In 2016, four community radio stations - Radio Isangano, Radio Huguka, Radio Ishingiro and Radio Izuba - received capacity-building training through workshops organized by UNESCO, part of the One UN in Rwanda. These workshops were organized in conjunction with the Empowering Local Radios with ICT project. This three-year project, began in 2015 and set for completion in 2017, seeks to strengthen institutional capacity through a number of thematic areas in order to improve programming quality and foster sustainability, all while harnessing the advantages and strengths of ICT.
Positive trends in content and audience feedback
As a result of these trainings, the radio stations demonstrated substantial progress in their respective self-evaluations. Radio Huguka saw an increase in the number of relevant partner associations from zero to four between March and June 2016. This station also noticed significant growth in audience interaction through social media. Additionally, the amount of participative talk shows produced by Radio Izuba reached 75%, owing mainly to increased audience engagement.
Challenges and solutions
Community radio differs from commercial and public broadcasting in that these programmes are driven by the local population. Community radio often experiences unique challenges in order to improve and sustain their services. To address these challenges, a series of three-day workshops were carried out at each station in their respective communities from March to April 2016. Themes ranged from the production of local content to financial and marketing strategies. The key role that ICT can play in programming and management was highlighted in all workshops, demonstrating the use of ICT in improving programming quality and enhancing the extent of impact on the local community. Around 120 participants, including correspondents and station managers, attended these workshops.
Radio Huguka, Radio Ishingiro, and Radio Izuba conducted workshops on the production of programmes on issues of public concern. The workshops were designed to provide correspondents with better skills and knowledge to help the local community access quality information in agriculture, health, and other areas of concern determined by the communities themselves. This included workshops on topics such as education and social welfare. Workshops focused on strengthening participants’ investigative skills, data gathering, management of data sources, and document and record analysis. Participants were also exposed to media ethics and the importance of plurality of sources. They also gained hands-on experience by producing practice news reports at the end of the training.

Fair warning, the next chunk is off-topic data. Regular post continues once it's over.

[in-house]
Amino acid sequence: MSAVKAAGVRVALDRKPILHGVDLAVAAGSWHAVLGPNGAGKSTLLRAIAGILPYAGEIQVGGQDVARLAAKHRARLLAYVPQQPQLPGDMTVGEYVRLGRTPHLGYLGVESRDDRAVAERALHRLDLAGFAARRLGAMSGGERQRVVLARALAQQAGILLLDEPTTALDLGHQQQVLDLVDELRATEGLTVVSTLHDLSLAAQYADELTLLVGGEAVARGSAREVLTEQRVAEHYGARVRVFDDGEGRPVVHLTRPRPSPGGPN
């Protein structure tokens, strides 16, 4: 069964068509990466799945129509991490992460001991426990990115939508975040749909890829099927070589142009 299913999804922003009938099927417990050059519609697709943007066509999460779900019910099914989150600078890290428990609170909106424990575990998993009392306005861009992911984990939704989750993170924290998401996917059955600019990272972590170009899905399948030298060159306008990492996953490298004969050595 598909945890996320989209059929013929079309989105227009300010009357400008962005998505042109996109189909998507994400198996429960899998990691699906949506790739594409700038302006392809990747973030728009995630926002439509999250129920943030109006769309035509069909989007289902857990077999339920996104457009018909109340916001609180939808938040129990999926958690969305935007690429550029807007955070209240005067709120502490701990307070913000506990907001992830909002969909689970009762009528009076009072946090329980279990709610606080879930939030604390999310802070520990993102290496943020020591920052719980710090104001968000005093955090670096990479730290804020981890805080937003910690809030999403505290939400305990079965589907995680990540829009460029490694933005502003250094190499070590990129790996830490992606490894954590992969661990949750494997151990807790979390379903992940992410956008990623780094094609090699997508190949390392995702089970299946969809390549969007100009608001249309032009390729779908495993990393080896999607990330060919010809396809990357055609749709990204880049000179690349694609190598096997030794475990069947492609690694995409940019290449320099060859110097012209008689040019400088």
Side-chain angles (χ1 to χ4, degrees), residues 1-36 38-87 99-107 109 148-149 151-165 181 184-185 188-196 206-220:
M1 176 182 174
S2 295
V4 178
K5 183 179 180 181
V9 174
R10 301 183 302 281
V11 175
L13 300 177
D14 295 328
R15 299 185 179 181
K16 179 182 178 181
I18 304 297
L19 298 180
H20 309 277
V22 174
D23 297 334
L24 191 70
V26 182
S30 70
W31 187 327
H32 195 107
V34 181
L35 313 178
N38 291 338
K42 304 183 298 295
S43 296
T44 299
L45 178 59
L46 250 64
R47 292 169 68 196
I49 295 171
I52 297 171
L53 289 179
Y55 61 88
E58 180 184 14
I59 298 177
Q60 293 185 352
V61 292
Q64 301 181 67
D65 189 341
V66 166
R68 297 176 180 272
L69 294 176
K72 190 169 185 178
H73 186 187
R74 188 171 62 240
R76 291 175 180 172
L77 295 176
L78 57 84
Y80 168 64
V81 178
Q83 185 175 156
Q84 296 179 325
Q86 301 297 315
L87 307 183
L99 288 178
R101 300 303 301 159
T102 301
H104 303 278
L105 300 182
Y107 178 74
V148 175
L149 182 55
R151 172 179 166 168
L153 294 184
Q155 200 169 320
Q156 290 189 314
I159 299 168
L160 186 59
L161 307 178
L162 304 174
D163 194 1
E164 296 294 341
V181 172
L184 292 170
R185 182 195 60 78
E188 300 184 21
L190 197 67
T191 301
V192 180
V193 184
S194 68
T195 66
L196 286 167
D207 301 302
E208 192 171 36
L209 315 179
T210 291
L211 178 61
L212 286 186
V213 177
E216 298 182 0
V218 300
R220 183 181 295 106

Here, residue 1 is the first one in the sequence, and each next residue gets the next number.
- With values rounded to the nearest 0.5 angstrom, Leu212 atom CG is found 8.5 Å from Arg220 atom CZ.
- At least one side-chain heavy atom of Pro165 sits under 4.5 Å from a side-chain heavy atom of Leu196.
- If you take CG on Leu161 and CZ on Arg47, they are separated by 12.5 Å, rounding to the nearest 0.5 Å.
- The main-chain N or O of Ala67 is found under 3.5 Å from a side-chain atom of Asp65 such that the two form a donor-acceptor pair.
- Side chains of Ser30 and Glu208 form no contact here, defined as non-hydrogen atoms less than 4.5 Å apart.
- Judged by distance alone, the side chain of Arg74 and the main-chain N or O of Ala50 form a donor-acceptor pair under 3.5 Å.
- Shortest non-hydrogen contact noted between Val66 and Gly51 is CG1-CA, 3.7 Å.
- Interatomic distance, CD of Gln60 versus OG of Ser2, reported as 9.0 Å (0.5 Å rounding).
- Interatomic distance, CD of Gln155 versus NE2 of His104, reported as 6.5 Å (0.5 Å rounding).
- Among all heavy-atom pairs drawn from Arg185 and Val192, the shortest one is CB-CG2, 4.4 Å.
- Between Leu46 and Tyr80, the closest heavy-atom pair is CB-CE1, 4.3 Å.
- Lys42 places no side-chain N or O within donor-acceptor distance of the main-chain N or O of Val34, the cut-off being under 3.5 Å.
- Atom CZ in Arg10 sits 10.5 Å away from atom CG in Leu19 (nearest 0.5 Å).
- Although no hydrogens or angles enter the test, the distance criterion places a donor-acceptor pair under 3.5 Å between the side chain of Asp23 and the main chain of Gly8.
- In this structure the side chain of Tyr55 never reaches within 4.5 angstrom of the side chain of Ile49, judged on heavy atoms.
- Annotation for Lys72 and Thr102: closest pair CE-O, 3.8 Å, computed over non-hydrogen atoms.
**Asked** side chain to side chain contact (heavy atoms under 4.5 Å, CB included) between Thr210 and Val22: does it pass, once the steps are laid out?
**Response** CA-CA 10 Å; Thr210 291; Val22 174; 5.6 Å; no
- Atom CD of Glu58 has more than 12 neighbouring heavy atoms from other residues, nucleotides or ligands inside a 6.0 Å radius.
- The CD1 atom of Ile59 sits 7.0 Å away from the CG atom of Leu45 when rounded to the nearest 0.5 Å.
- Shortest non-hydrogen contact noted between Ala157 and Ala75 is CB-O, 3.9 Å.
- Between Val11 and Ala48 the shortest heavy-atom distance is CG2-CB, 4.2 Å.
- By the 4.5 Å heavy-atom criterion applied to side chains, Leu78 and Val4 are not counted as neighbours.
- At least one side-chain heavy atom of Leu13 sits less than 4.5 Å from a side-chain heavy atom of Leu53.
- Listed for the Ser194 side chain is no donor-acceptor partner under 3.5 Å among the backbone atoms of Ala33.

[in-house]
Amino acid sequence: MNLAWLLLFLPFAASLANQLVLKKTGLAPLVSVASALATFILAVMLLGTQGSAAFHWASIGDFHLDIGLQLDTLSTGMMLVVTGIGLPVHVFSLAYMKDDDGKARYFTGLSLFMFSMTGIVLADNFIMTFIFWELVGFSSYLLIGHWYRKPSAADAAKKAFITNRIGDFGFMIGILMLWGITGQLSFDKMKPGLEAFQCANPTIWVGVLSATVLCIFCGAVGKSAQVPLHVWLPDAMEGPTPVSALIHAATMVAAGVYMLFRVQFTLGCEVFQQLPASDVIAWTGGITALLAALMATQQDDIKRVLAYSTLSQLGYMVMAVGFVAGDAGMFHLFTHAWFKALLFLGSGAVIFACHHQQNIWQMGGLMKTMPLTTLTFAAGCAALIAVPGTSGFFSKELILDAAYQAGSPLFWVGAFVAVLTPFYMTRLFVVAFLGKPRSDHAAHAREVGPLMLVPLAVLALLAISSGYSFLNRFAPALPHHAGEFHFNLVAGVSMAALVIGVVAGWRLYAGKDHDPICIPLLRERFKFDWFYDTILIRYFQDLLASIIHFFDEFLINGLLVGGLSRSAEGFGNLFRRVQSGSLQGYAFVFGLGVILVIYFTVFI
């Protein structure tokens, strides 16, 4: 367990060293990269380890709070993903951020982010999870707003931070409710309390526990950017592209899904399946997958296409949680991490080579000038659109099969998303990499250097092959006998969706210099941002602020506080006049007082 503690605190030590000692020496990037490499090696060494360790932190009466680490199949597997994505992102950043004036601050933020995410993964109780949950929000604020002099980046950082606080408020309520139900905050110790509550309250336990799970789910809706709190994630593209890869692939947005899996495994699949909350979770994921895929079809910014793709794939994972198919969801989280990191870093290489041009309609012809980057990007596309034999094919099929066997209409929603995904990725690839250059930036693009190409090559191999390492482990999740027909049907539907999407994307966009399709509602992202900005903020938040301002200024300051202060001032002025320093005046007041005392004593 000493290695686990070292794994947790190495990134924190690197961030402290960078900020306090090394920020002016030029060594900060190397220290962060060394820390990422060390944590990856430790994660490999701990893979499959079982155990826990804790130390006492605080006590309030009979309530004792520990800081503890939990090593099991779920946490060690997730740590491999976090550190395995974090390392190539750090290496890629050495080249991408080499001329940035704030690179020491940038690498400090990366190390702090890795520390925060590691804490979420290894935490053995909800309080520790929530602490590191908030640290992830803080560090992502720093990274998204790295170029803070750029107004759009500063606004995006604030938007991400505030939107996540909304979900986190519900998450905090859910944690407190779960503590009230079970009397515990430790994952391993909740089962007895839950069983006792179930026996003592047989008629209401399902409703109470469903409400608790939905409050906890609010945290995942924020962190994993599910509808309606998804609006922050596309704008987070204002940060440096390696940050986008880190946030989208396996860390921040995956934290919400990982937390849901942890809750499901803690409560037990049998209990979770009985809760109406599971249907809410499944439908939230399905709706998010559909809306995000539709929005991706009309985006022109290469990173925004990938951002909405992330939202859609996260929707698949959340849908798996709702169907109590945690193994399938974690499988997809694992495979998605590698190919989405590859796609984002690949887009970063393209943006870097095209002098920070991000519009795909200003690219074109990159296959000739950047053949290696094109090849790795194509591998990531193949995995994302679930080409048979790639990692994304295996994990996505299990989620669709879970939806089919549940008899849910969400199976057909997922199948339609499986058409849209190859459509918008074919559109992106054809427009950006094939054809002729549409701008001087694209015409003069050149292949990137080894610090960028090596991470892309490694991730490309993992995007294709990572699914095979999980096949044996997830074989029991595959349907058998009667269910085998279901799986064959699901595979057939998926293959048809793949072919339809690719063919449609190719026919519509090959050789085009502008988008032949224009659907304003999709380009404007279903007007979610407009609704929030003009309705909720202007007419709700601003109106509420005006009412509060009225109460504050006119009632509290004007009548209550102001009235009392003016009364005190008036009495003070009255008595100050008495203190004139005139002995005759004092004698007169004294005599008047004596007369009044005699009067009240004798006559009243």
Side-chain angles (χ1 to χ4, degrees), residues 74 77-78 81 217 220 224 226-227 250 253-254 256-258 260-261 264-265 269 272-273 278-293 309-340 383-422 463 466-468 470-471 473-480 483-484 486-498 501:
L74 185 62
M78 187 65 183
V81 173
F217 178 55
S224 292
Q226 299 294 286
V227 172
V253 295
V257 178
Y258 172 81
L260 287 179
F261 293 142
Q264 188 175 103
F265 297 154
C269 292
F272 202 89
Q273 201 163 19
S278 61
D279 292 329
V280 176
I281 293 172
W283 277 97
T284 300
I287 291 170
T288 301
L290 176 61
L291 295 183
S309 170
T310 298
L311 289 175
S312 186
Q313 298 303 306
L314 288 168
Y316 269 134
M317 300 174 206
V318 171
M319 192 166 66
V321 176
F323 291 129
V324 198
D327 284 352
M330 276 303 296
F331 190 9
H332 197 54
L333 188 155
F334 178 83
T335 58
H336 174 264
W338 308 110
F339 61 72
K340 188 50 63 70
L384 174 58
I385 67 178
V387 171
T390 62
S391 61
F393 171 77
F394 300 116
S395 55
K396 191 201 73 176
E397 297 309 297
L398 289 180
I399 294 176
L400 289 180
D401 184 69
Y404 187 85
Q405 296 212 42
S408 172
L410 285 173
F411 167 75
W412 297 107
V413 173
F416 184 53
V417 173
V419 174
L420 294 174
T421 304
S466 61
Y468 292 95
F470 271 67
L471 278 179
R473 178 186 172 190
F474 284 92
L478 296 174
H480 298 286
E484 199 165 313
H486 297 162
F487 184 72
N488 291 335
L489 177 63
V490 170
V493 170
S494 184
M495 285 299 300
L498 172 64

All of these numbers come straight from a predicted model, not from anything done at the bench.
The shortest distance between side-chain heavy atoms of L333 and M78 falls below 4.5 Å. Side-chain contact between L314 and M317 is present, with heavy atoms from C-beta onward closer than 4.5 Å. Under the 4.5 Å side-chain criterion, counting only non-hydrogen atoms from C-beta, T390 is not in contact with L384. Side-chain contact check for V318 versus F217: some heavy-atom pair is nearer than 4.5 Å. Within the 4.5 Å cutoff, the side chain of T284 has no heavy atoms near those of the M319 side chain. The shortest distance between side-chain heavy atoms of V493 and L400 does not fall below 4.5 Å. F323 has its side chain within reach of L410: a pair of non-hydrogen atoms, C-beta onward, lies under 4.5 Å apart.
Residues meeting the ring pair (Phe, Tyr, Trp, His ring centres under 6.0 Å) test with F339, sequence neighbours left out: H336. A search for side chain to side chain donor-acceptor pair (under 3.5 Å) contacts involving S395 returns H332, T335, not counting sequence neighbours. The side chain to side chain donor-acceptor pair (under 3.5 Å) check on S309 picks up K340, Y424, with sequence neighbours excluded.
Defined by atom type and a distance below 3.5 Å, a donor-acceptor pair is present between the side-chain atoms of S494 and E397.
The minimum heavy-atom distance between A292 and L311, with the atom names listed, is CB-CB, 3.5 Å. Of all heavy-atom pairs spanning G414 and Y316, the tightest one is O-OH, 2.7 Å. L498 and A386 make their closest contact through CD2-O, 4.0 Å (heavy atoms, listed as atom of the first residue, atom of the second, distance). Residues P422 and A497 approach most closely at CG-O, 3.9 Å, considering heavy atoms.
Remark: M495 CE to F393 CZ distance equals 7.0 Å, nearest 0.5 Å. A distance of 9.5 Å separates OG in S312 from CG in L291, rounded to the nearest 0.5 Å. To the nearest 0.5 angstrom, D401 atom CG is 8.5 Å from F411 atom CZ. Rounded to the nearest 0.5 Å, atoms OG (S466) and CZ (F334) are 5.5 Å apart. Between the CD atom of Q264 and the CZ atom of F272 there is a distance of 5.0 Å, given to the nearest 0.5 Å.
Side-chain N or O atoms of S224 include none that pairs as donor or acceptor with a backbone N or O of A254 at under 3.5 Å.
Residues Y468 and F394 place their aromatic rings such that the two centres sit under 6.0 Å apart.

A number of topics to strengthen business administration are also addressed within the project. Workshops on financial and marketing strategies were held by Radio Huguka and Radio Ishingiro, during which the management teams and board members received training on budgeting, customer management, and marketing strategies in order to devise ways to increase revenue.
Testimonies from participants
Three of the four participatory radio stations - Radio Isangano, Radio Ishingiro, and Radio Izuba – held workshops featuring the use of ICT in radio programming. Participants, who were not aware of the various uses of mobile phones, were surprised to discover how powerful such tools could be for collecting and reporting news to facilitate their work. As revealed by one journalist, “With a simple smartphone, we can now take pictures, videos, record voices and share them via social media.” Participants were also taught to use other traditional ICT tools for reporting such as professional audio recorders.
The UNESCO “Empowering Local Radios with ICT” project aims to improve lives by bridging the gap between the poor or marginalized - especially women and girls - and the rest of the population. This is done by raising local radio stations' programme quality, emphasizing public debate on issues of local public concern. It is funded by the Swedish International Development Cooperation Agency (SIDA). Launched in 2012, the project is currently in its second phase. By the end of the project in 2017, 32 participating community radio stations in seven African countries - including Kenya, Rwanda and Uganda - will have improved their capacity to provide improved social services and engage a greater number of sectors and demographic groups in their respective communities.